Enthalpy Of Vaporization Of Water Biology Essay
The purpose of this experiment is to measure the vapor pressure of water in order to calculate the enthalpy of vaporization of water. An air bubble will be created and its volume will be measured over a range of temperatures. From this data, nair, Pwater, and ln(Pwater) will be calculated and these values can then be used to determine the enthalpy of vaporization of water.
In this experiment, many chemistry concepts were used that enabled the recorded data to be used to calculate the enthalpy of vaporization of water, which is defined as the amount of energy required to break the intermolecular forces between water molecules. An air bubble was created by inverting a graduated cylinder inside a large, water-filled beaker. The air bubble's volume was measured at a variety of different temperatures, which were measured using a digital thermometer, in order to determine the quantity of molecules that evaporated into water vapor as the molecules overcame the intermolecular forces. As the temperatures increased, the bubble's volume increased as well due to larger amounts of water vapor. While the temperatures changed, the amount of moles of water vapor fluctuated while the moles of air remain constant throughout the experiment. After the data was recorded, the temperature of the bubble was decreased to 5.0 degrees Celsius since at such a low temperature, water vapor is negligible. Recording the volume of the air bubble at the low temperature allowed one to determine the amount of moles of air in the graduated cylinder by using the ideal gas law Pair= ((nair)(RT))/V. In this equation, nair is the amount of moles of air while R is the ideal gas constant, T is the temperature in Kelvin, and the volume is the corrected volume of the air bubble at the low temperature in liters. It was also important to be aware that the total pressure of the air bubble was equal to that of the system's surroundings since the air in the room exerted pressure onto the water in the beaker. Hence, the total pressure of the system was found to be 743.7 mm of Hg using the barometer in the lab which measured the room temperature. Once Pair and Patm were calculated, the equation Pwater= Pair + Patm was used to determine the partial pressure of the water. The equation ln(Pvap)= - (ΔH°vap)/RT + C, in which C= ΔH°vap/373.15R, then provided a direct connection between the partial pressure of water and temperature. Multiplying the negative slope of plot Ln(Pwater) Vs. 1/Temperature by the gas constant - 8.315 J/mol K yields the enthalpy of vaporization of water which in this experiment was found to be 43.2 kJ/mol. The literature value, or recognized standard value, of the enthalpy of evaporation of water is actually 40.66 kJ/mol. The slight percent deviation of 6.2% signifies that overall, the experiment lacked large errors or miscalculations and can be considered successful.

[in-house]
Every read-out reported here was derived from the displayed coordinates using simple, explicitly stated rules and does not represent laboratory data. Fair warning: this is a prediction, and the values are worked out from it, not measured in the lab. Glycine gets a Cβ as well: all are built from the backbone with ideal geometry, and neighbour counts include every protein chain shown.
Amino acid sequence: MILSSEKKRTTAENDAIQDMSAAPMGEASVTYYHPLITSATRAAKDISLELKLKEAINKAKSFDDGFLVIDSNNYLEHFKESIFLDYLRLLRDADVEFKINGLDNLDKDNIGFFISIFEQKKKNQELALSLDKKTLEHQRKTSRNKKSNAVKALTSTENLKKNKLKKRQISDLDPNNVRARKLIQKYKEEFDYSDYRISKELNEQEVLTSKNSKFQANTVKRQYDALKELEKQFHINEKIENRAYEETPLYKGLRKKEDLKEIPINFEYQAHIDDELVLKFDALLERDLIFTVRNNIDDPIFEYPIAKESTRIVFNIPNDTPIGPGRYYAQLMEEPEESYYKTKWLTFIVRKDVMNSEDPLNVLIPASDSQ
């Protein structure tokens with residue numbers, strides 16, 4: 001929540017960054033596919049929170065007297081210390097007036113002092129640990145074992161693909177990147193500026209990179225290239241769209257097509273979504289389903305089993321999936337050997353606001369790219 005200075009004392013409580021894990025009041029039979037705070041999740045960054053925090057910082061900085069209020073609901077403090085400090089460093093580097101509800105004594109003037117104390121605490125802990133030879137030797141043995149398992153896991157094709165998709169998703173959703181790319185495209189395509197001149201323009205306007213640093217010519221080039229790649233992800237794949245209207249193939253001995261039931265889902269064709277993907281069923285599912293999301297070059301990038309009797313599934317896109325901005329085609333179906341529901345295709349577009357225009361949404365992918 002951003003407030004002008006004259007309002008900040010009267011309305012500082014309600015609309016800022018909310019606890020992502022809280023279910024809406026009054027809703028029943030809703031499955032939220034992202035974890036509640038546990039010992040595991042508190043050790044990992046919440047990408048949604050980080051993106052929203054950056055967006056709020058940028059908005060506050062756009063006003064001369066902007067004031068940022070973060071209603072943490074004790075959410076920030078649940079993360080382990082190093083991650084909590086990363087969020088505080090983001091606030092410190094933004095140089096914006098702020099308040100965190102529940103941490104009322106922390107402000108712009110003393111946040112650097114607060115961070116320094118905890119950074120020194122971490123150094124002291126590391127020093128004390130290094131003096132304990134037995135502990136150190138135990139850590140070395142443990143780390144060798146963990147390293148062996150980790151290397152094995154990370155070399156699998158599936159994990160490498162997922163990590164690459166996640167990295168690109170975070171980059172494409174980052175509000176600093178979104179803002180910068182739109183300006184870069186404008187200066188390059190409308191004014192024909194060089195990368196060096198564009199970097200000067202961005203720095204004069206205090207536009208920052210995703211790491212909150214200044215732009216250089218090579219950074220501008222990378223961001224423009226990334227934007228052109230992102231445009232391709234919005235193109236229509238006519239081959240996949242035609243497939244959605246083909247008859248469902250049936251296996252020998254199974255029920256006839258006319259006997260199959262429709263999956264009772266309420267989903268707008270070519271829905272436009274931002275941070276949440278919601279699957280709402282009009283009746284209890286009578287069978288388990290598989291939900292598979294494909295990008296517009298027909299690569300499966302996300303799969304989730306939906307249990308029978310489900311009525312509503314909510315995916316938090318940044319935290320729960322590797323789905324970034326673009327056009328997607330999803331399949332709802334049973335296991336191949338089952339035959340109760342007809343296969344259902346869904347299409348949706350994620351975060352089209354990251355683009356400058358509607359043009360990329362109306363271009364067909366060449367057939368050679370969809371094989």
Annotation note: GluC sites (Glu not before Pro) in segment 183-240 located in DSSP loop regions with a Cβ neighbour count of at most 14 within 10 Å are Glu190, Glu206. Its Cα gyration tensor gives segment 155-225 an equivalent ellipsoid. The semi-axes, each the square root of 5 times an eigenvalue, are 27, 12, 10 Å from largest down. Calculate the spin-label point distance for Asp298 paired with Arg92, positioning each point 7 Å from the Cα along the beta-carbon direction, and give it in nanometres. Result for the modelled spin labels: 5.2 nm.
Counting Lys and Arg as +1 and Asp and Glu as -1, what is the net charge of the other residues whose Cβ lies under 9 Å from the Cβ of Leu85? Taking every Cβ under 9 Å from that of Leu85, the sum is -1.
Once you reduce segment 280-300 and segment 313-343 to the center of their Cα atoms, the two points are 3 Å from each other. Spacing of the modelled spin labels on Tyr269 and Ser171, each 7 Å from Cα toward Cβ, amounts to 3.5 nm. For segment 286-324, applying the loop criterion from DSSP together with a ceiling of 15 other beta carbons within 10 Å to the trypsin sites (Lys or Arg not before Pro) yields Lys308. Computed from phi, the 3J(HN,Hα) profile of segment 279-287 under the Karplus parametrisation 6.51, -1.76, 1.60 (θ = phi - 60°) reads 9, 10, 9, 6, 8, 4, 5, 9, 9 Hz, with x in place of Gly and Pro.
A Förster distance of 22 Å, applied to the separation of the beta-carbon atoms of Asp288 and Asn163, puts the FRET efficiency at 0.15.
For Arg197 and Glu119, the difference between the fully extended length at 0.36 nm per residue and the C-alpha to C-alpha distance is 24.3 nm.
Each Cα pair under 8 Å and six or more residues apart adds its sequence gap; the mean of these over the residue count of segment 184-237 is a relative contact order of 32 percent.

Error and Uncertainty Analysis
As mentioned earlier, the acknowledged literature value of the enthalpy of vaporization of water is 40.66kJ/mol. From the data of this experiment, the enthalpy of vaporization of water was calculated to be 43.2 +/- 0.1 kJ/mol. The standard deviation of 0.1 in 43.2 kJ/mol provides an uncertainty of .24%. Overall, the calculated value deviates from the literature value by 6.2% and there are multiple reasons for this uncertainty. Firstly, the literature value is of a room with pressure of exactly 1.00 atm and the room in which the experiment was carried out had a pressure of 0.9786 atm. This difference in room pressure allows the calculated values for nair to have a smaller value which is then used to find Pair and will decrease the amount of Pwater in the equation Pwater= Pair + Patm. It then leads to an increased enthalpy of vaporization of water after the values of natural log of Pwater are taken and plotted. Also, the graduated cylinder used in the experiment had an uncertainty of +/- .01 ml and although the accuracy was improved by subtracting 0.2 ml, the graduated cylinder readings cannot completely be dismissed as a source of error, especially since the bubbles and water vapor surrounding the graduated cylinder made its markings difficult to distinguish. It is possible this error could have created both increased and decreased Pair and Pwater values depending if the markings had been over- or under-estimated which lead to deviations in the values of natural log of Pwater. Furthermore, it was assumed during the experiment that at 5 degrees Celsius the water contained a negligible amount of water vapor. Yet, the small amount of water vapor present did exert vapor pressure but the error of dismissing it created a larger ΔHvap since it increased the value of each Pair and decreased each Pwater value.
I have completed this lab independently and have not looked at completed work from other students from this year or from previous years in 030.105.
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